You can't help but think of evil with a human face in the story of the San Fernando Valley school district that won't allow high school graduates to participate in their own graduation ceremonies without proof of future plans. By denying these students any choice over their own lives, the school administrators have proven that they could have capably or at least enthusiastically run Dachau. You can also only hurl ridicule at the reporter who passes along administrator claims that this policy is a success because 90-95% of the students now have plans despite noting that many students will lie about this. It's clear the administrators only care about furthering their careers by increasing statistics while dehumanizing the students.
Error-ridden article of the week comes from columnist Malcolm Johnson. It's syndicated so you can find it many places bearing a number of different titles; Johnson's own title "A Grand Parade Of Super Heroes And The American Way" deserves only sneers.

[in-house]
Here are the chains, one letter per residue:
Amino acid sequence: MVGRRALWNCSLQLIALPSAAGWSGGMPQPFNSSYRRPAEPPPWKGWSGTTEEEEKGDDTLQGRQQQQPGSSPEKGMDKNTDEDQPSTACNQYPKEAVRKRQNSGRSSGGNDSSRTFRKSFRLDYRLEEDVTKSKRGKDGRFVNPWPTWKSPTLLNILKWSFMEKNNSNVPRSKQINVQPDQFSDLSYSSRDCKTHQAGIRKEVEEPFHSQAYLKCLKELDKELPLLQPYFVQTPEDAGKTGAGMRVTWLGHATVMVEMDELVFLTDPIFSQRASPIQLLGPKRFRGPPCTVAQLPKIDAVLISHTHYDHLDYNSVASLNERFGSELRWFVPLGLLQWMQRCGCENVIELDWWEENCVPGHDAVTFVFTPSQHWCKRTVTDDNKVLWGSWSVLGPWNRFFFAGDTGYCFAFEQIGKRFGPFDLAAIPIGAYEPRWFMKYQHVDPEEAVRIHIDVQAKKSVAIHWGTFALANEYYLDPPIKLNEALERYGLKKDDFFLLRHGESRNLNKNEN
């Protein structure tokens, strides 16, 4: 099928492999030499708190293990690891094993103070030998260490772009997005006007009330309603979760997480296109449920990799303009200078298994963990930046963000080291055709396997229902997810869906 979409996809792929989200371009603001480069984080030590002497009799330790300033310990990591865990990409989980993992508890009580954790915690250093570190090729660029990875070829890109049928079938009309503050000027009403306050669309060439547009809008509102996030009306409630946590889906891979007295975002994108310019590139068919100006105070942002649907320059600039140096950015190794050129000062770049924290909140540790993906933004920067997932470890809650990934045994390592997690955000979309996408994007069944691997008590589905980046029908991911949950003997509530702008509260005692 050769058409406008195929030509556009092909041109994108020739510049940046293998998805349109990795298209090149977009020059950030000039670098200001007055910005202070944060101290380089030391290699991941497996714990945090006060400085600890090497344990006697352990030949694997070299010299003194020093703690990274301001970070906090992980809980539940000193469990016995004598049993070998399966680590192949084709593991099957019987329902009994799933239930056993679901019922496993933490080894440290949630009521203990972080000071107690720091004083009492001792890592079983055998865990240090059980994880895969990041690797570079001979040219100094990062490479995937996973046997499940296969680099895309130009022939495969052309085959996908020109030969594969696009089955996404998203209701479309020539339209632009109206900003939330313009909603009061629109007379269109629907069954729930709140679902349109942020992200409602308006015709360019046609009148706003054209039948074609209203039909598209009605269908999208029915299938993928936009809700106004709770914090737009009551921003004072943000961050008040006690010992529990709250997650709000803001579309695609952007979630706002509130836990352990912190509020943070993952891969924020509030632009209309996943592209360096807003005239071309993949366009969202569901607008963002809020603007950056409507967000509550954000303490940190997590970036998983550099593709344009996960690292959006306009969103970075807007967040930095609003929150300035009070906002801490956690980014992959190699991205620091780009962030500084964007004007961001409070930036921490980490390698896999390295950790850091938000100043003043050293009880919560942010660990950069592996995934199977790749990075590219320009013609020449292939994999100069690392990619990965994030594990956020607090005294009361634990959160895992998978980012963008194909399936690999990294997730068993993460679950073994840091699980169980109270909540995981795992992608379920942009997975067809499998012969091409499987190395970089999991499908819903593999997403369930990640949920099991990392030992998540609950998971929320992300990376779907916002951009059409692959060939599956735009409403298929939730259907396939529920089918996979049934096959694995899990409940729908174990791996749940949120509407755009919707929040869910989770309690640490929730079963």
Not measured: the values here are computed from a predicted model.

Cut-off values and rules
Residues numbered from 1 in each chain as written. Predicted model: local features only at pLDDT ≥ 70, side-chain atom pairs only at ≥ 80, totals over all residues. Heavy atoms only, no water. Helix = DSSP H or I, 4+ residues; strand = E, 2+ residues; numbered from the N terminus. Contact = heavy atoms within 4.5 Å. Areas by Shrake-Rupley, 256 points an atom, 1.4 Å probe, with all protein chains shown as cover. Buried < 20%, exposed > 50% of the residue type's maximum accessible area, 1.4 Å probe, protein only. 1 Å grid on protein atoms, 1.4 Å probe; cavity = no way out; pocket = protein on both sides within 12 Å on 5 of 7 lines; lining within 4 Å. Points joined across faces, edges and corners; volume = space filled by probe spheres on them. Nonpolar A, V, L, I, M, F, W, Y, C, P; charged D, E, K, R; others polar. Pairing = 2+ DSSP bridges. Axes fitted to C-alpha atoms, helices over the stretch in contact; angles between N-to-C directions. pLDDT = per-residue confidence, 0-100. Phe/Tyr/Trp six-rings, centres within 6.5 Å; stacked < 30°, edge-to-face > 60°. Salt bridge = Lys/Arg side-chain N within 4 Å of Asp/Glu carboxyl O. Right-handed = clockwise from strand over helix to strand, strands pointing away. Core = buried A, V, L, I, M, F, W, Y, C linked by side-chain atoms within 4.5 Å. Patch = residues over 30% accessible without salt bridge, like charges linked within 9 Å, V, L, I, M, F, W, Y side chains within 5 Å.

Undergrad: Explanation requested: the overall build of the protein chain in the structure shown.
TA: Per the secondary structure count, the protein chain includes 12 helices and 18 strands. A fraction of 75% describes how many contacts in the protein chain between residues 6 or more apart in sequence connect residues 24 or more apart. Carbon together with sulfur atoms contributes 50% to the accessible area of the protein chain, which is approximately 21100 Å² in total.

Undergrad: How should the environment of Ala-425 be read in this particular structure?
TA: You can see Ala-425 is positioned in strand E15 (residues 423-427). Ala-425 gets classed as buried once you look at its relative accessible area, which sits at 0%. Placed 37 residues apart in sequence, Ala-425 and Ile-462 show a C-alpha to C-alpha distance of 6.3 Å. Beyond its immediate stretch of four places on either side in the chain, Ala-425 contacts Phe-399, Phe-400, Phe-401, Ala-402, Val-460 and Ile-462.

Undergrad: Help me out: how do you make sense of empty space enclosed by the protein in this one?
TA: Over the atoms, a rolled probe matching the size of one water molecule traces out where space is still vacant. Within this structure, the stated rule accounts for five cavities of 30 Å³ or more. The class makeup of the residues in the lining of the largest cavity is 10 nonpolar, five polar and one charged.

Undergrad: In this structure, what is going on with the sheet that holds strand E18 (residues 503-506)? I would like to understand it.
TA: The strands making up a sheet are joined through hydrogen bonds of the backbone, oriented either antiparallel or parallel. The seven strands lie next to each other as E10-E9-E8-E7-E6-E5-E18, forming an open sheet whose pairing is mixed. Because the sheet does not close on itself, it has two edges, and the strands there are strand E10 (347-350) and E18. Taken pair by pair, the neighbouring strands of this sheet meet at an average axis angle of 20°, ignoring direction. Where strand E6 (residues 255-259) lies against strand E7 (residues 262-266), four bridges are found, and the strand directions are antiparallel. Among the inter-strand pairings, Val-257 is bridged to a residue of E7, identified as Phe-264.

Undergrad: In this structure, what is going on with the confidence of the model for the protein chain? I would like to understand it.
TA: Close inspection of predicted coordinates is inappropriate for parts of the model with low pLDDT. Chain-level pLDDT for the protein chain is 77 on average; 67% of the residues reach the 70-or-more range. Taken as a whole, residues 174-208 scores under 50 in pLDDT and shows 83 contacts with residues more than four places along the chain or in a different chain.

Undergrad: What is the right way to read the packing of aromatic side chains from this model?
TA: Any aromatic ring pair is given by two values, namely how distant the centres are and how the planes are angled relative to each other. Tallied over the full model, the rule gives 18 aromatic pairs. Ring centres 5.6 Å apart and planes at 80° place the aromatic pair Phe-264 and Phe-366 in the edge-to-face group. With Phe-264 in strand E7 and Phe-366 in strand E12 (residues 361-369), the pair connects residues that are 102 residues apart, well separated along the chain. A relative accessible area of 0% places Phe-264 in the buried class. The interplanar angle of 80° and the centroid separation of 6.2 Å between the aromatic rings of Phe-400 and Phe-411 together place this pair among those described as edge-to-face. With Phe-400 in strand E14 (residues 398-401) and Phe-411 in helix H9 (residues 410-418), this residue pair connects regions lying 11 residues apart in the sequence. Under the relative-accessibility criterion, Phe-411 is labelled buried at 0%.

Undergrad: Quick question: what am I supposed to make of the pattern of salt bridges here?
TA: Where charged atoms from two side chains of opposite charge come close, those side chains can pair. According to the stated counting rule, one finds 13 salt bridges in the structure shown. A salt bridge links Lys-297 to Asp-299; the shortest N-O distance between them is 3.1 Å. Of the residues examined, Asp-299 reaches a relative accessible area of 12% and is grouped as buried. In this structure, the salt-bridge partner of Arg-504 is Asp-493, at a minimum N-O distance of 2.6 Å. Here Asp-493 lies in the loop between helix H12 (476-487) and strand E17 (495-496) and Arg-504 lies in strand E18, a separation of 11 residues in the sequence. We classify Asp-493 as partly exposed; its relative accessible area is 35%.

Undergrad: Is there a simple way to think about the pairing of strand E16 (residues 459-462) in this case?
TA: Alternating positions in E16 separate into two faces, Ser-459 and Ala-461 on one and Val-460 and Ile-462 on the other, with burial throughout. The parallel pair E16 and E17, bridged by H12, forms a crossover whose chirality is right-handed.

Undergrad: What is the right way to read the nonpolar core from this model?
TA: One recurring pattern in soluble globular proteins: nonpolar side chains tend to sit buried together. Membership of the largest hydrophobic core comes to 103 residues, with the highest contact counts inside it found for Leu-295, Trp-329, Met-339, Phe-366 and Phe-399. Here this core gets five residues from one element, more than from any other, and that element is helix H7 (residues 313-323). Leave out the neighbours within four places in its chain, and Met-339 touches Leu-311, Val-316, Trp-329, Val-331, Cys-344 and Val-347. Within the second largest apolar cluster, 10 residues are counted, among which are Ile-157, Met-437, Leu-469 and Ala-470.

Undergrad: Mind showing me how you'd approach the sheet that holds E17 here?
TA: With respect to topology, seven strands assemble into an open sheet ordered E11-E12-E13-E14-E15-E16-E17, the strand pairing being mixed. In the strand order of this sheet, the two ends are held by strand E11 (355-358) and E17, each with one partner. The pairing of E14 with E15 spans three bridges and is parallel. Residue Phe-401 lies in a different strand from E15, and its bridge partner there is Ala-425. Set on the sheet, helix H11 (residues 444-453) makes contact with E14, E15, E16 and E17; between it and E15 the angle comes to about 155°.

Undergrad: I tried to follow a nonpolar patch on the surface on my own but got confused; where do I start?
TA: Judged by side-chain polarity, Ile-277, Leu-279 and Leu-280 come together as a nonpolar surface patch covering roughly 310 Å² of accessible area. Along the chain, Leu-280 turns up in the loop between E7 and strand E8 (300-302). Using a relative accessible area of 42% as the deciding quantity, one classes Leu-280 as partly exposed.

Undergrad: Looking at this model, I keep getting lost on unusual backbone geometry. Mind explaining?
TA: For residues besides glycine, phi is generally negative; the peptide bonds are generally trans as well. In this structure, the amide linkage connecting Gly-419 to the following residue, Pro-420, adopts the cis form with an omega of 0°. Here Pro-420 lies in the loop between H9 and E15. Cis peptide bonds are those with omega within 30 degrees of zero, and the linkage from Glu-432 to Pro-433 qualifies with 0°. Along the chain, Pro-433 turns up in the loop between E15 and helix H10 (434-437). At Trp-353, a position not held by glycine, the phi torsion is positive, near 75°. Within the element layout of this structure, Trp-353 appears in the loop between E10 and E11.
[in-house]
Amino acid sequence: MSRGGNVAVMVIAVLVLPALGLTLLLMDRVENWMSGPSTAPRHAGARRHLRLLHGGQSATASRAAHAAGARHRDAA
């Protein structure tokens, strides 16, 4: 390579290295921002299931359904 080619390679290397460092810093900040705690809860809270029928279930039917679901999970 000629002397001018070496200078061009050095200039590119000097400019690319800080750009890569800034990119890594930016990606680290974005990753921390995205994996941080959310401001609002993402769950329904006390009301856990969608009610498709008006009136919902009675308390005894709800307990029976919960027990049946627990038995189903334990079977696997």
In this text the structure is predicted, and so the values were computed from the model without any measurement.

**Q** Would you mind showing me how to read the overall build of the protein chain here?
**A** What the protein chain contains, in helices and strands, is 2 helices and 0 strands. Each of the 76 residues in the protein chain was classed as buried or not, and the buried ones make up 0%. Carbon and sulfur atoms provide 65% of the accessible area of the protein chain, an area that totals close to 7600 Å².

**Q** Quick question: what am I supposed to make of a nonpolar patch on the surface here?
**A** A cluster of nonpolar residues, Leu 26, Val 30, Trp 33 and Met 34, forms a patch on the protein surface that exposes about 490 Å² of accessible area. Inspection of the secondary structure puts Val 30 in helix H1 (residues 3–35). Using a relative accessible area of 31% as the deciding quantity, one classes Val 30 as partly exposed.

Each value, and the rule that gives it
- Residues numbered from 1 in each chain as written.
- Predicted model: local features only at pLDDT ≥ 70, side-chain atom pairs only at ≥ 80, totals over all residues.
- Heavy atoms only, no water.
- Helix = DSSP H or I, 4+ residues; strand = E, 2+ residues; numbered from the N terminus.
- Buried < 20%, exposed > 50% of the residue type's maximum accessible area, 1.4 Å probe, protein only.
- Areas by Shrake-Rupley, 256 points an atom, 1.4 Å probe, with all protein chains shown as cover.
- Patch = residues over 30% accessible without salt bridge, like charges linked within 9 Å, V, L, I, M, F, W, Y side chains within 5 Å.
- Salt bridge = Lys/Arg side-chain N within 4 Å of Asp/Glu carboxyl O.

But oh let's count the mistakes:
First, Stan Lee was not the sole creator of Spider-Man. This was done in collaboration with Steve Ditko who also wrote many of the stories. Lee admits this in interviews and it's clearly stated in the film credits. Giving Lee credit as having "sired the Marvel gang" also ignores the equal input of people like Jack Kirby; Thor for instance is clearly much more a Kirby creation than Lee.
Second, this movie is not the "first live-action manifestation" of Spider-Man. That distinction goes to the 1977 TV movie The Amazing Spider-Man. (There have also been earlier live-action Spider-Man films in Japan and Turkey but they often just, er, borrowed the name.)
Third, "No follow-up to Blade II is on the drawing boards yet" is not correct. Writer David Goyer and director Guillermo del Toro have been working on Blade III since before the second film premiered as stated in numerous articles including one from Variety. There's also no mention that del Toro is currently in pre-production on another comics adaptation, Hellboy.
Fourth, the 1941 Captain Marvel serial was not based on a Marvel Comics character. That Captain Marvel was published by Fawcett and is now owned by DC Comics. Marvel's Captain Marvel came three decades later and has no relation to the earlier character.
Fifth, Superman did not inspire "the first wave of pulp gods and goddesses with dual identities." It was the other way around with pulp characters like The Shadow and Doc Savage inspiring superheroes.